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Kyiv Authorities Slam Separatist Courts Handing Down Summary Death Sentences

A screengrab of a video posted on YouTube showing a "people's tribunal" in action in the separatist controlled part of Ukraine.
A screengrab of a video posted on YouTube showing a "people's tribunal" in action in the separatist controlled part of Ukraine.

KYIV -- Officials in Ukraine say residents in the separatist east may be subject to criminal prosecution for participating in so-called "people's tribunals" that have handed down at least one death sentence.

Separatists in Luhansk and Donetsk oblasts, who have sought to shore up their authority through widely unrecognized elections on November 2, have also established replacement judicial bodies that allow local citizens to vote on the outcome -- even delivering sentences, like capital punishment, that violate Ukrainian law.

It's a move that has horrified rights activists and irritated authorities in Kyiv, who say that participating in such tribunals is a criminal offense in and of itself.

Anton Herashenko, an adviser to Ukrainian Interior Minister Arsen Avakov, says all local citizens who attend such extrajudicial hearings could eventually be tried as accomplices to murder.

"There's an article in the Ukrainian Criminal Code that prohibits self-government," he says. "No one has the right to perform the work of state organs that the organs should perform themselves, in full accordance with the law. Also, if this person really is executed, this becomes a murder case."

Show Of Hands

Several hundred people in Alchevsk, a city in Luhansk region, participated late last month in what separatists described as the "first people's court of Novorossia," a reference to the swathe of Ukrainian territory now under rebel control.

During a 50-minute "trial" conducted by separatist militants, the Alchevsk residents heard cases against two local militants, fighting with the separatists, accused in separate incidents of rape.

Aleksei Mozgovoi, the head of the Prizrak (Ghost) battalion, which currently controls the area and claimed to have investigated the two cases, pronounced both men guilty. He then asked for a show of hands on whether one of the alleged defendants should be "subjected to the highest form of punishment -- death by firing squad."

An online video shows a majority of the crowd raising their hands, drawing despairing cries from the man's mother, who was attending the proceedings. ​

The second defendant did not receive the death penalty, but was condemned to be sent to the front line to "die with honor."

Capital punishment is banned in Ukraine and has been indefinitely suspended in Russia. But Mozgovoi said his people's court and its sentence were legal according to the principles of martial law and "narodovlastiye," an ardent Soviet-era term meaning "government by the people."

Mozgovoi appeared to vouch for the decision-making authority of the Alchevsk tribunal, telling participants, "The voice of the people is the voice of God. Let it be as you decide."

DIY Justice

Suspicion of summary executions by separatist militants has existed for months, particularly following the formal introduction of the death penalty by the self-proclaimed Donetsk People's Republic (DNR) in August.

That document, signed by former DNR head Igor Strelkov, said its guidelines were in accordance with Soviet-era martial law passed during World War II, which permitted capital punishment in the instance of treason and other grave crimes.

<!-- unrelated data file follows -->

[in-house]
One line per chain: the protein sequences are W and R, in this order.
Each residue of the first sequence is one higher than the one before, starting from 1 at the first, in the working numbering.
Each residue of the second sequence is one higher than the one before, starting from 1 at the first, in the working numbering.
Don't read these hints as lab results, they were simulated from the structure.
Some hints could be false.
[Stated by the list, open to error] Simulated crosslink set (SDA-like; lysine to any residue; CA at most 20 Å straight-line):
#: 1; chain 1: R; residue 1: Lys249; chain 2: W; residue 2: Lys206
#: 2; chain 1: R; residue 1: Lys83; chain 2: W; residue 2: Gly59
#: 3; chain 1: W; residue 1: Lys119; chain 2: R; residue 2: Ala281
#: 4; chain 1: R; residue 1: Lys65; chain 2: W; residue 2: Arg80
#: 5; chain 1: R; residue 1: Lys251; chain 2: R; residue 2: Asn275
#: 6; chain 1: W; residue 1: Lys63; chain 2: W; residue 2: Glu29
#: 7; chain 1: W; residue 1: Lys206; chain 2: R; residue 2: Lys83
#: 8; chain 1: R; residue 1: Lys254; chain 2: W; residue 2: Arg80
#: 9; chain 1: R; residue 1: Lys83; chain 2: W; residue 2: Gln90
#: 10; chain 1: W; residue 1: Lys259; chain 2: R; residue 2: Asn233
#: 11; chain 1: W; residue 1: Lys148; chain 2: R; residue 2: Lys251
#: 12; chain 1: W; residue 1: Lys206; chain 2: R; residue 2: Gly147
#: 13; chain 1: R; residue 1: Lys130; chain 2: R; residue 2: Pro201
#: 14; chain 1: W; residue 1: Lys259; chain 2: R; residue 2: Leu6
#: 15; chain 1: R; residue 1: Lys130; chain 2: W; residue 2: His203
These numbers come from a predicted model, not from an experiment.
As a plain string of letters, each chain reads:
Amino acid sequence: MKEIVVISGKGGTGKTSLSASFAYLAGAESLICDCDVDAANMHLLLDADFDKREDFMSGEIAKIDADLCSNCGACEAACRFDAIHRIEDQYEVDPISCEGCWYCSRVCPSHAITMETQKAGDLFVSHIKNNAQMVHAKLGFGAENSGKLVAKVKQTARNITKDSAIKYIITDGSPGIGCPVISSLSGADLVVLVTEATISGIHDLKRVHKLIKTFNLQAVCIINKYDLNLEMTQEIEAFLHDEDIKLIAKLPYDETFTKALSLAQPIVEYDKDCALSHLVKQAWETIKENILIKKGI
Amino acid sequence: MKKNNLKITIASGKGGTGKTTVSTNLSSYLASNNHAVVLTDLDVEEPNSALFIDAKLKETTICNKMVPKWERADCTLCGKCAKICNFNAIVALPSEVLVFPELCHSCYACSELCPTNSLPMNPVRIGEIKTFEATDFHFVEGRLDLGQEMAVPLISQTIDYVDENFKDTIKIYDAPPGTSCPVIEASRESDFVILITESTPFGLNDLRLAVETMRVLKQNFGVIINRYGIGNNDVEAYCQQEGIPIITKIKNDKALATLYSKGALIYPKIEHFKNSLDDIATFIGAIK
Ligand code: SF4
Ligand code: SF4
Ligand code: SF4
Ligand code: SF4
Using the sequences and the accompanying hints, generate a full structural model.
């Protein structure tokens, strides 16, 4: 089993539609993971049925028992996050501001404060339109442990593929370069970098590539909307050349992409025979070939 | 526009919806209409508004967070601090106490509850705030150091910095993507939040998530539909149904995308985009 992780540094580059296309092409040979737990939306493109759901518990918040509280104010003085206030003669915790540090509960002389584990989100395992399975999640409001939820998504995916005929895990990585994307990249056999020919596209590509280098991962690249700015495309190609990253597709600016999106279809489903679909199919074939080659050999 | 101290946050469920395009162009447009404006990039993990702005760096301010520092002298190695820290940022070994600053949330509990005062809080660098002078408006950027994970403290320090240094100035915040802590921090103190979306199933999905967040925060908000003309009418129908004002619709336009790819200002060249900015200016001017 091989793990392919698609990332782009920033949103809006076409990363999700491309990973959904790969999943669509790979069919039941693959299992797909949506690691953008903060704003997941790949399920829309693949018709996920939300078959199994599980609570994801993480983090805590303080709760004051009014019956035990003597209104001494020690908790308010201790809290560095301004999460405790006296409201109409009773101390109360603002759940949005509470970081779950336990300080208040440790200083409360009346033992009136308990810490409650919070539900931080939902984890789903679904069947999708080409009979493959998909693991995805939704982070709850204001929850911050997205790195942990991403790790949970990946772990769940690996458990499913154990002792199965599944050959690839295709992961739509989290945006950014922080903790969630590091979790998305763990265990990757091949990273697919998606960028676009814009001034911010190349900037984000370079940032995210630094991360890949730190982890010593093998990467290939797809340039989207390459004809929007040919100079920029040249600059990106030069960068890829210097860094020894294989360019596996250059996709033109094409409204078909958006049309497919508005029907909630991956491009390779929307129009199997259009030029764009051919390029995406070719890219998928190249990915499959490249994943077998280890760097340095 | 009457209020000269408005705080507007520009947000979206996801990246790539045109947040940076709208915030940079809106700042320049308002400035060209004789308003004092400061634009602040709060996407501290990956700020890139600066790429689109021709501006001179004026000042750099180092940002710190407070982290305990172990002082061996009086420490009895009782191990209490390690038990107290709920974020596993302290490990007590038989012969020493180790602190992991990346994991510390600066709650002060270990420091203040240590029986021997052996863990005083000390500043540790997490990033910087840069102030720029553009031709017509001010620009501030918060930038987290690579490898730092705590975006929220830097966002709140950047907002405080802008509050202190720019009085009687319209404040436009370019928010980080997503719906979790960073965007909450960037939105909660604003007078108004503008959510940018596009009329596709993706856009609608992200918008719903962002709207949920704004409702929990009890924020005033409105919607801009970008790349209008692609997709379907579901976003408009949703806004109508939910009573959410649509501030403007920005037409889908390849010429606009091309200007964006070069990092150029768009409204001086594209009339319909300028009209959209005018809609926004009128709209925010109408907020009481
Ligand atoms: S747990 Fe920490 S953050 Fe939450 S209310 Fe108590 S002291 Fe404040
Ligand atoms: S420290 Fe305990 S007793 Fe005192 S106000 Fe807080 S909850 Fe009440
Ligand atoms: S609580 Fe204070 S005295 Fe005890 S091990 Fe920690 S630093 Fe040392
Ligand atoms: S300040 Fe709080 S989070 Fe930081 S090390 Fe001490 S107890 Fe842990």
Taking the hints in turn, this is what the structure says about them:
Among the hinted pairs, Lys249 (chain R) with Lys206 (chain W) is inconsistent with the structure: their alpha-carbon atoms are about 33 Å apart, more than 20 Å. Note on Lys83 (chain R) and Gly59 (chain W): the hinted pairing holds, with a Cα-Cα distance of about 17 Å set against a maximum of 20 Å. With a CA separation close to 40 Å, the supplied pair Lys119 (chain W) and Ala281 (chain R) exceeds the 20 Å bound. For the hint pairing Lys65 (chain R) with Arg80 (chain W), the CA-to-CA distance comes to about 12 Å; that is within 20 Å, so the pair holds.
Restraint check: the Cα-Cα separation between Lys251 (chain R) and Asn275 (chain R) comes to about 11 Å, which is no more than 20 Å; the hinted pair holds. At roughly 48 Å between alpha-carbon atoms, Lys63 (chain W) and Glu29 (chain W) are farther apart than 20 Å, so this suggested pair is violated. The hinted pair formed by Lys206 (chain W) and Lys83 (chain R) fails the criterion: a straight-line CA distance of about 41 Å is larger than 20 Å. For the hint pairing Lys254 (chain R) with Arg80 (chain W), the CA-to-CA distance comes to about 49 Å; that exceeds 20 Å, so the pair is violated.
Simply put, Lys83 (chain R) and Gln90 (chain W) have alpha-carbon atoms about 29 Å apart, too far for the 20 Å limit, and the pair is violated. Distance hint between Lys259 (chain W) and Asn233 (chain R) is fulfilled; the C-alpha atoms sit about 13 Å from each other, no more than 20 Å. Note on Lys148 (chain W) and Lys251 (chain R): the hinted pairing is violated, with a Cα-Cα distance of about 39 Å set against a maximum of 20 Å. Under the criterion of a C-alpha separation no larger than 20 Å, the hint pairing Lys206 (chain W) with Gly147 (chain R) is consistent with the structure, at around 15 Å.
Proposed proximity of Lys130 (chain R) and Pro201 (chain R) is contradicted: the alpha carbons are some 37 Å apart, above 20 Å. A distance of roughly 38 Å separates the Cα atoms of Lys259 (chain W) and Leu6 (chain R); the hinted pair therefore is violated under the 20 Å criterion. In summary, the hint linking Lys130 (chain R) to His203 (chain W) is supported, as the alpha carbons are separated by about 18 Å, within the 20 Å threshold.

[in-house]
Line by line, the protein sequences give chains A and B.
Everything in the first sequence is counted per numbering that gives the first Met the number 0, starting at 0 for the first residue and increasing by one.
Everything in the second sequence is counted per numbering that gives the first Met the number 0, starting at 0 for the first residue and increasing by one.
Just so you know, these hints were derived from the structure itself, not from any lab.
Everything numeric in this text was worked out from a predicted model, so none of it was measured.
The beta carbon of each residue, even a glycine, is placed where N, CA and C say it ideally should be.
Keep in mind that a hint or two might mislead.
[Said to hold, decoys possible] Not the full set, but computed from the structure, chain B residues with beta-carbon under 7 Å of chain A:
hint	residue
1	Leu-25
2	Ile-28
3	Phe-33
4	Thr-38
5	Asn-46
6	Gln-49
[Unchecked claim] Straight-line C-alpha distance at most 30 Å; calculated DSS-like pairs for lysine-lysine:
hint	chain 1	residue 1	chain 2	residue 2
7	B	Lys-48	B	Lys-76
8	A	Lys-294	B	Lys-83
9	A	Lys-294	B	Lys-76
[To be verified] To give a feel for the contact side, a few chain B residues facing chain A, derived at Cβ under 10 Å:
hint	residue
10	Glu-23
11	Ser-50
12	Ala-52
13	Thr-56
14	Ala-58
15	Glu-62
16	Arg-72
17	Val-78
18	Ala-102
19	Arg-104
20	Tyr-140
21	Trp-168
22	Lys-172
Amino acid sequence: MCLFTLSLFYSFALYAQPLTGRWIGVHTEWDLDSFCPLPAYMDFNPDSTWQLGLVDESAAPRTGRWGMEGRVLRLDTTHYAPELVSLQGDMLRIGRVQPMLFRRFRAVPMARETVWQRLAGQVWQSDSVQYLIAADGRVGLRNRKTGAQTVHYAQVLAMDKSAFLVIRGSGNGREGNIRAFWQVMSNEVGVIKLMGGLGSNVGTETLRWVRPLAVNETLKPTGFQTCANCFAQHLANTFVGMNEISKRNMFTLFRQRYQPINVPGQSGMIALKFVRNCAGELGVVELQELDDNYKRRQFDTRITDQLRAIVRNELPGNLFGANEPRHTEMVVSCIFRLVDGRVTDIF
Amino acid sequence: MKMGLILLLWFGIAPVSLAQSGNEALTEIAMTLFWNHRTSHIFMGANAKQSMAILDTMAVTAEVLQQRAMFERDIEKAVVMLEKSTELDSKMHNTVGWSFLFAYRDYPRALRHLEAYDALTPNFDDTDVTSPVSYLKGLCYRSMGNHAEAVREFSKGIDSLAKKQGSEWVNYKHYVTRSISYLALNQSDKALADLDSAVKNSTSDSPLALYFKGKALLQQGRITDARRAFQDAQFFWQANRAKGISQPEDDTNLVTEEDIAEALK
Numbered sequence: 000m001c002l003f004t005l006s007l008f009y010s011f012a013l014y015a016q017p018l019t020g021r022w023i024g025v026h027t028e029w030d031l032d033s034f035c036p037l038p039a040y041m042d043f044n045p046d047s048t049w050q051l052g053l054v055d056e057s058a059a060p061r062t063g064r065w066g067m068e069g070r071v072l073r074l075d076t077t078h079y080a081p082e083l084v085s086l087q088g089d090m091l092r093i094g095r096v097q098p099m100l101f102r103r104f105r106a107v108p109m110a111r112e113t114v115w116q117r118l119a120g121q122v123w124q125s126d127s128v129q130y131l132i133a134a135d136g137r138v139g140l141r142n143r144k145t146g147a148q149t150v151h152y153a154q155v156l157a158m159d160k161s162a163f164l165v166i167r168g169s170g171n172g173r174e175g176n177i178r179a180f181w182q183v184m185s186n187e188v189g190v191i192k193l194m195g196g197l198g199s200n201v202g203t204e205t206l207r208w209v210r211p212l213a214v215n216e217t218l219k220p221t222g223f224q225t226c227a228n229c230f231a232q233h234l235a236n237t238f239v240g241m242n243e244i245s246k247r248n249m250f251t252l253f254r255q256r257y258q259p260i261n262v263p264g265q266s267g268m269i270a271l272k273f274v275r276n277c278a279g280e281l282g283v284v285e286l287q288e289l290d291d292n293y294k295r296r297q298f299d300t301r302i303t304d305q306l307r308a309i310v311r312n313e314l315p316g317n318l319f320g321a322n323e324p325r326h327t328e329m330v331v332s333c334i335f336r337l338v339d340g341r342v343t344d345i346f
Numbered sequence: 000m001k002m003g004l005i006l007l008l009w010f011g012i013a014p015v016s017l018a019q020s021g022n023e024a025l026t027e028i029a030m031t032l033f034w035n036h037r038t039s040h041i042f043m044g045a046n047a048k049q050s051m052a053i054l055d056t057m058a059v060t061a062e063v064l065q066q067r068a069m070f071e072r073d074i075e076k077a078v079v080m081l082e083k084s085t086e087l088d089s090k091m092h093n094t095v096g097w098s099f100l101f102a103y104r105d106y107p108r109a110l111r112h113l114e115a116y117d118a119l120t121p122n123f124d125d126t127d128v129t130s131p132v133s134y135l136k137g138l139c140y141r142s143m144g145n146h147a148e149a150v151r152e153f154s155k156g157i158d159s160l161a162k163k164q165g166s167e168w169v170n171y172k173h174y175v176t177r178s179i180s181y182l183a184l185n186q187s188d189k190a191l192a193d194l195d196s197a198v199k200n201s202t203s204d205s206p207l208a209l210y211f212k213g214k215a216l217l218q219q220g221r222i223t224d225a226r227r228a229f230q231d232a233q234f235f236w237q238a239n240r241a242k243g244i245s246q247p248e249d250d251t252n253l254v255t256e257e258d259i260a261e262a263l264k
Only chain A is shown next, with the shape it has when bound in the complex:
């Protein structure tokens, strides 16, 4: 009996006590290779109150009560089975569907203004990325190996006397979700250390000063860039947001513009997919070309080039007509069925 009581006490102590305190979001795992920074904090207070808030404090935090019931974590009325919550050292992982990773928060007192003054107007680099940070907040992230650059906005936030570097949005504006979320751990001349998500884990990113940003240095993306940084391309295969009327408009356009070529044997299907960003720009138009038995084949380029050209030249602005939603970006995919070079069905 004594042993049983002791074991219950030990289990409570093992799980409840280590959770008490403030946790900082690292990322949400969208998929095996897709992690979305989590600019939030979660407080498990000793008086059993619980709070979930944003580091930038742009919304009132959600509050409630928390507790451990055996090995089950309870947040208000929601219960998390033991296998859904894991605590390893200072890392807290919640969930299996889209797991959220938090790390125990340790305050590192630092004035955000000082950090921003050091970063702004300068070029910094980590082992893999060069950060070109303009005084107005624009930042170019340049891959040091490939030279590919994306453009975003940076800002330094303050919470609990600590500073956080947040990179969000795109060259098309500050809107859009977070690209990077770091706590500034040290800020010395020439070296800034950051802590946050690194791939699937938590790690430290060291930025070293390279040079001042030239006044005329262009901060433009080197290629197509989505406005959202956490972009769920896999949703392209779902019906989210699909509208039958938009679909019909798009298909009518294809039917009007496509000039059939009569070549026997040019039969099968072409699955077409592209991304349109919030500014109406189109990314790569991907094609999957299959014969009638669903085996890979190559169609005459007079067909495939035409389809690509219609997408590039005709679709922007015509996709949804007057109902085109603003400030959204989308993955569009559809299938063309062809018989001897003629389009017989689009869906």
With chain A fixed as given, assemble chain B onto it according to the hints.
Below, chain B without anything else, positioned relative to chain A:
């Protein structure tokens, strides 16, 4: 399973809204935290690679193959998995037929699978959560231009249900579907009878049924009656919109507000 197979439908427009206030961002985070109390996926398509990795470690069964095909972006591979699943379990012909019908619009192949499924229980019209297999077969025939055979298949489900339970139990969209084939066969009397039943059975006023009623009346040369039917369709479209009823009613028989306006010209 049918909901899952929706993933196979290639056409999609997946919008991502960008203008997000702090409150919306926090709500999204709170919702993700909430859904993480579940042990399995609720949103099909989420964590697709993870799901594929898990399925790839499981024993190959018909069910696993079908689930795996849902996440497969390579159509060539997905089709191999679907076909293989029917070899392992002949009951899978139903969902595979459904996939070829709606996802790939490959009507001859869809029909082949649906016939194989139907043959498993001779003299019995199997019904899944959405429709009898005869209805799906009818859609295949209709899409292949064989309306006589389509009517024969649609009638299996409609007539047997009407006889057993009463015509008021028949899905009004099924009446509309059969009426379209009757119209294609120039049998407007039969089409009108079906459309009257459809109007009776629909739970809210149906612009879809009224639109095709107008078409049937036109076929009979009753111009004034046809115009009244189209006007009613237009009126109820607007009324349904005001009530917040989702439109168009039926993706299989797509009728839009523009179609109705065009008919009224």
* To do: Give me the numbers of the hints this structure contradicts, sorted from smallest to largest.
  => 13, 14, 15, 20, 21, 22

Yevhenia Zakrevska, a lawyer representing several former separatist hostages, says she's heard of several instances of summary death sentences being handed down in makeshift tribunals.

"This isn't the killing of someone under any old kind of circumstance," she says. "This is killing someone after an imitation trial based on a total hodgepodge of existing legal norms taken from the Ukrainian Criminal Code and the 1941 decrees on martial law, which naturally provide for executions and military tribunals."

A second lawyer, Ihor Holovan, says Kyiv authorities have been slow to investigate the unauthorized courts, which he says could be used in a criminal case against the separatists and what many believe are their sponsors in Russia.

"Of course, it's not realistic to conduct an investigation there at the moment," he says. "But there are plenty of people who are managing to get out of there who could have something to say."

'Sit At Home, Embroider'

It's not clear, in the Alchevsk case, whether the man sentenced to death has in fact been executed. (The BBC quotes Prizrak battalion members as saying both men are being held in custody and that sentences would be carried out in the "next few weeks.")

Psychologist Olena Lishchynska says that regardless of whether the sentence is carried out, separatists are eager to use such public trials as an opportunity to cement their hold on power.

"By participating in these 'people's tribunals,' people are basically telling the [separatist] authorities that they share their values" -- something that contributes to the separatists' illusion of democratic government, she says. "Anyone who's shocked by this is, to the contrary, intimidated."

To that end, Mozgovoi appeared to use the recent rape trial to deliver an unexpected edict on appropriate female behavior, threatening to arrest women found spending time in restaurants and night clubs.

"You want to stay honest and faithful to your husband. Sit at home, embroider," he said, ignoring audible gasps from the crowd. "Stay at home, bake pies, and celebrate March 8 [International Women's Day]."

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